It seems unlikely. That seems like that would’ve been a better reason for them not to grant the case in the first place, but digging a case is an alternative they have. And you could see if --Chief Justice Roberts likes to bring in unanimous decisions. You could see if he has a split Court, that is an offramp he could decide he wants to take because he doesn’t want to see a 5-4 split or who knows. So it’s possible.


It could reverse, and as I mentioned at some point in the last half hour the Court could say this is a due process issue, not an Eighth Amendment issue, the idea being that what can be a criminal charge does seem more to be a due process Fourteenth Amendment problem, not a cruel and unusual punishments problem. That would allow the Court to leave Robinson in place but separate this from Robinson, and it wouldn’t have to say, well, Robinson was wrong, which you could see Chief Justice Roberts probably wouldn’t -- again, I’m predicting here. But he generally wouldn’t want to have to walk away from precedent that everyone relies upon. But if he says this is different, this is due process, then Robinson stays. It’s sort of this outlier, and the case then has to be evaluated under that context. I think that’s possible. As I said earlier, there’s an amicus brief that teases that out.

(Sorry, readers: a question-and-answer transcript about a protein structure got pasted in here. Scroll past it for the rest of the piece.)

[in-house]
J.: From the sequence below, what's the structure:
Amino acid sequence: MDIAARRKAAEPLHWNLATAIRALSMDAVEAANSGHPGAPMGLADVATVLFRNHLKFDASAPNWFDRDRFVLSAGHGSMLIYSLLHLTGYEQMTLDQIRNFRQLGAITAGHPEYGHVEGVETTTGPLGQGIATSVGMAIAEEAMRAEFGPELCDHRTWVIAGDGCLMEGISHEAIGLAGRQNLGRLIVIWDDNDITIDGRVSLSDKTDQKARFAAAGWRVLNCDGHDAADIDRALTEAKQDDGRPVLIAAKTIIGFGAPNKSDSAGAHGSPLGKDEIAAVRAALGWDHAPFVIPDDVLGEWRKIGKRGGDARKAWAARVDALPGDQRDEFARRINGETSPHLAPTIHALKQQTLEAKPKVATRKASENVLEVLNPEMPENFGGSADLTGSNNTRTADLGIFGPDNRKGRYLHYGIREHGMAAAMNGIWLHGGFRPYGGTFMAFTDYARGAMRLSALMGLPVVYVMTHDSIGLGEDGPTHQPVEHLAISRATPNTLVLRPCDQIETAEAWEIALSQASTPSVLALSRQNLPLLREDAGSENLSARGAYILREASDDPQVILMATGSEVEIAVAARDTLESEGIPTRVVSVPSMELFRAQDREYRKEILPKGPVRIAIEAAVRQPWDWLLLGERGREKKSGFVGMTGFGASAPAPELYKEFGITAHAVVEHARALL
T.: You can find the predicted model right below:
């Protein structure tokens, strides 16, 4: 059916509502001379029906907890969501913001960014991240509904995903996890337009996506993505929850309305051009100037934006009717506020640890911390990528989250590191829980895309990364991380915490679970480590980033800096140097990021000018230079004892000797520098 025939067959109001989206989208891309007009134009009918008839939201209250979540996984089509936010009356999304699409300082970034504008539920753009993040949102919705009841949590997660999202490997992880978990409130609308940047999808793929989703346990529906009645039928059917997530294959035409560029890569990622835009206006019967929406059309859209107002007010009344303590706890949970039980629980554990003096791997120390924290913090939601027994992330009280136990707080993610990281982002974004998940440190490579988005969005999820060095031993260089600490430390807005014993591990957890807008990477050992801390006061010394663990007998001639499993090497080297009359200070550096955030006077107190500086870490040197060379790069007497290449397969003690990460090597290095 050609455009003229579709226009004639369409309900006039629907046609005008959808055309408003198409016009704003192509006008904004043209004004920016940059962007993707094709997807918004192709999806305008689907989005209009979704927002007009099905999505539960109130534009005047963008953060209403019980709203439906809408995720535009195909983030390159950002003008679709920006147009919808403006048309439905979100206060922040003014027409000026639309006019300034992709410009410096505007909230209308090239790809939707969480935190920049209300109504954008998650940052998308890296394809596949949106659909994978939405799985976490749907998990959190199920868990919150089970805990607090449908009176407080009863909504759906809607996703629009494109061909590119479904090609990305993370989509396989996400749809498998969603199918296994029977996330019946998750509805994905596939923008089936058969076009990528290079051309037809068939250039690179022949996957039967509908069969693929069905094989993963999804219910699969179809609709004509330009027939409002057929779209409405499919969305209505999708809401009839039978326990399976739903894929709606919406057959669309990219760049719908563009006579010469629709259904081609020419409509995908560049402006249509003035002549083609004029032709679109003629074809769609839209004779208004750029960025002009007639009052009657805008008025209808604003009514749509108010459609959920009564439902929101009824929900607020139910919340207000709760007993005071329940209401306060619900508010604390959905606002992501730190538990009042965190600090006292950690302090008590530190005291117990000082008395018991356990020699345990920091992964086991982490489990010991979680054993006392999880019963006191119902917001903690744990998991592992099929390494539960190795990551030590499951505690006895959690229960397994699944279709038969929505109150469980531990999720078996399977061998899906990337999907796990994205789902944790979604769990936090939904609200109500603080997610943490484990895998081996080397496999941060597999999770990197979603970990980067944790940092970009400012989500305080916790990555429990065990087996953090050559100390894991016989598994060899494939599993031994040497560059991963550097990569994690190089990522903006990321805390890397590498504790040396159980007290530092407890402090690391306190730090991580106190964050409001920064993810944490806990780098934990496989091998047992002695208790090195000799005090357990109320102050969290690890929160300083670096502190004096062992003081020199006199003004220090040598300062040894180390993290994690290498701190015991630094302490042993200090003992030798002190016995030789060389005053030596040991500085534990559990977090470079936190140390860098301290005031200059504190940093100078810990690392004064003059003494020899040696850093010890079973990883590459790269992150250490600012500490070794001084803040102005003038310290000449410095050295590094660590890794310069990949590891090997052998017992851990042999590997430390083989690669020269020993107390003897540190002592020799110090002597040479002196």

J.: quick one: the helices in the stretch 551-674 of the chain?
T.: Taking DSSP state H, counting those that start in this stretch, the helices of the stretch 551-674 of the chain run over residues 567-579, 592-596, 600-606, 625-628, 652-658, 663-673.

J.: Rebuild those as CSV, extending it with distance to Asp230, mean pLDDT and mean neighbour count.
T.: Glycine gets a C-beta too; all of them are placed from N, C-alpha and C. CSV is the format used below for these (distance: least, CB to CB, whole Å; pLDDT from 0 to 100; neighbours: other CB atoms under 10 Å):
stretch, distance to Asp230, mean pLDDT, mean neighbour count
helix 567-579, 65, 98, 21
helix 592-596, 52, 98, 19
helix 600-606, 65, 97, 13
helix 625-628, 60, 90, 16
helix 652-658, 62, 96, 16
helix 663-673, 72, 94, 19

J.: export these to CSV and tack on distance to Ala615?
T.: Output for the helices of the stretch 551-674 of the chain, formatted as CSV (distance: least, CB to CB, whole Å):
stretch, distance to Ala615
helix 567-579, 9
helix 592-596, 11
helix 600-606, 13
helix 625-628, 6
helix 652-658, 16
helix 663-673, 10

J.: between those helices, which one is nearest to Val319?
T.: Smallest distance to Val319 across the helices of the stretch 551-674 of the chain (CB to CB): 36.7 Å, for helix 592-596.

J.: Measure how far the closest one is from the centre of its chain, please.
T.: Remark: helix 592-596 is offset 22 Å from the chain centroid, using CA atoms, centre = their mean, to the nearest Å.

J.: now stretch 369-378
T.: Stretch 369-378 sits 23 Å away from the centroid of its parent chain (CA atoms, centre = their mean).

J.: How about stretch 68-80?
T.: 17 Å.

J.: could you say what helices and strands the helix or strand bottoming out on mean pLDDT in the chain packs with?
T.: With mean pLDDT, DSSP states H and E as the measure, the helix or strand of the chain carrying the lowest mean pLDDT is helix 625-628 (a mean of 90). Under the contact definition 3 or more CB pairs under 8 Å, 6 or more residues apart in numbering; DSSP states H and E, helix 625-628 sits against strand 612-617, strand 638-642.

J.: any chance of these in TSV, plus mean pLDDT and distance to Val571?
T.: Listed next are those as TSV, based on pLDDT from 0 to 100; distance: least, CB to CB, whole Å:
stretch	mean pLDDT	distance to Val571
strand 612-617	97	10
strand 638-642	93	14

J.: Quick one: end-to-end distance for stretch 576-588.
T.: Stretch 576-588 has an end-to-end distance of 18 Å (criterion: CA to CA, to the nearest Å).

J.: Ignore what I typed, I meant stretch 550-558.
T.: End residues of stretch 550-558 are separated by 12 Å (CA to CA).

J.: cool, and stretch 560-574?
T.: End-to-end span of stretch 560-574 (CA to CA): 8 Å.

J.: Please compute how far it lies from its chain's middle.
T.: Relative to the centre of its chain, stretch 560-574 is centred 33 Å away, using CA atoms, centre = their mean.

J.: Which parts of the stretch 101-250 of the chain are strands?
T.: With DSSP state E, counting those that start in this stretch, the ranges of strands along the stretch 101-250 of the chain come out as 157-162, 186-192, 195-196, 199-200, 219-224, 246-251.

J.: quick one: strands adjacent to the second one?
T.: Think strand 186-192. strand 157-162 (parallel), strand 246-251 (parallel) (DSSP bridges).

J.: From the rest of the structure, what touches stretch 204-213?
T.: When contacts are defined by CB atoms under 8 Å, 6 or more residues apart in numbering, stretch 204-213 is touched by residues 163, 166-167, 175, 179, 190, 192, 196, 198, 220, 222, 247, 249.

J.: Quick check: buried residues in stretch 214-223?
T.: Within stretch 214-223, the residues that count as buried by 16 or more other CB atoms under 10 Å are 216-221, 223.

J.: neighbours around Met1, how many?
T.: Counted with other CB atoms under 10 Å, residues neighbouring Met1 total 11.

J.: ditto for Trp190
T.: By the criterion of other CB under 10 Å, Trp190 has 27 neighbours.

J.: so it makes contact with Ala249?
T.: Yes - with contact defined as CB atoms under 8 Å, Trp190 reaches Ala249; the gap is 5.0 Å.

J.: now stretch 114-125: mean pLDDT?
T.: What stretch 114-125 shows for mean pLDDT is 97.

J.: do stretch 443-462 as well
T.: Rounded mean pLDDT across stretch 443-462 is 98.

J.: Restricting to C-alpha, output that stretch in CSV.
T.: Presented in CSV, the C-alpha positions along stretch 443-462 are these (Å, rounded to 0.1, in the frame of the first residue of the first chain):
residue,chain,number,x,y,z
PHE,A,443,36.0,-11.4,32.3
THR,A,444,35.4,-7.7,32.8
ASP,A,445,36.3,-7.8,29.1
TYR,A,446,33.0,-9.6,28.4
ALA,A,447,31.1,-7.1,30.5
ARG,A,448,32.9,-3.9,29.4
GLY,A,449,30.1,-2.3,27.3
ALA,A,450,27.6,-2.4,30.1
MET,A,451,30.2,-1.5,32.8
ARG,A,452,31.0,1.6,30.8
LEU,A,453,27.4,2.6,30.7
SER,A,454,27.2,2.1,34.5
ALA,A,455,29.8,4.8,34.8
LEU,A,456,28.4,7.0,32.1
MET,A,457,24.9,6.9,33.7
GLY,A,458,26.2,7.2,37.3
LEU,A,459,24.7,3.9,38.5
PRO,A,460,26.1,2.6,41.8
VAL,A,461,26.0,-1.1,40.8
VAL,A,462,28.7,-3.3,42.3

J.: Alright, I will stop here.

Or the Court could reverse—that’s another alternative—and say this is not a proper class action case at all. If they did, they could say either that an individual homeless person can sue, but just not in a class action in a civil rights type case or say that it’s really just best resolved in the criminal context like the Robinson and Powell cases were and like I alluded to that the Solicitor General kind of is getting at and certainly the Mannheimer amicus brief and the Sacramento DA’s amicus brief get at. So that’s a lot to digest. I know I’ve talked for quite a while, but, Chayila, I’ll turn it back to you if we want to take questions.


Chayila Kleist:  Sounds great. Thank you. That was a really helpful summary of how we got here, sort of the history of the cases that affect this current decision or litigation and some of the arguments that are being brought up on the various sides. Appreciate it. We do have several questions from our audience, so I’m happy to turn to those now. And for those who haven’t submitted questions but want to, I’ll direct you to the Q&A feature.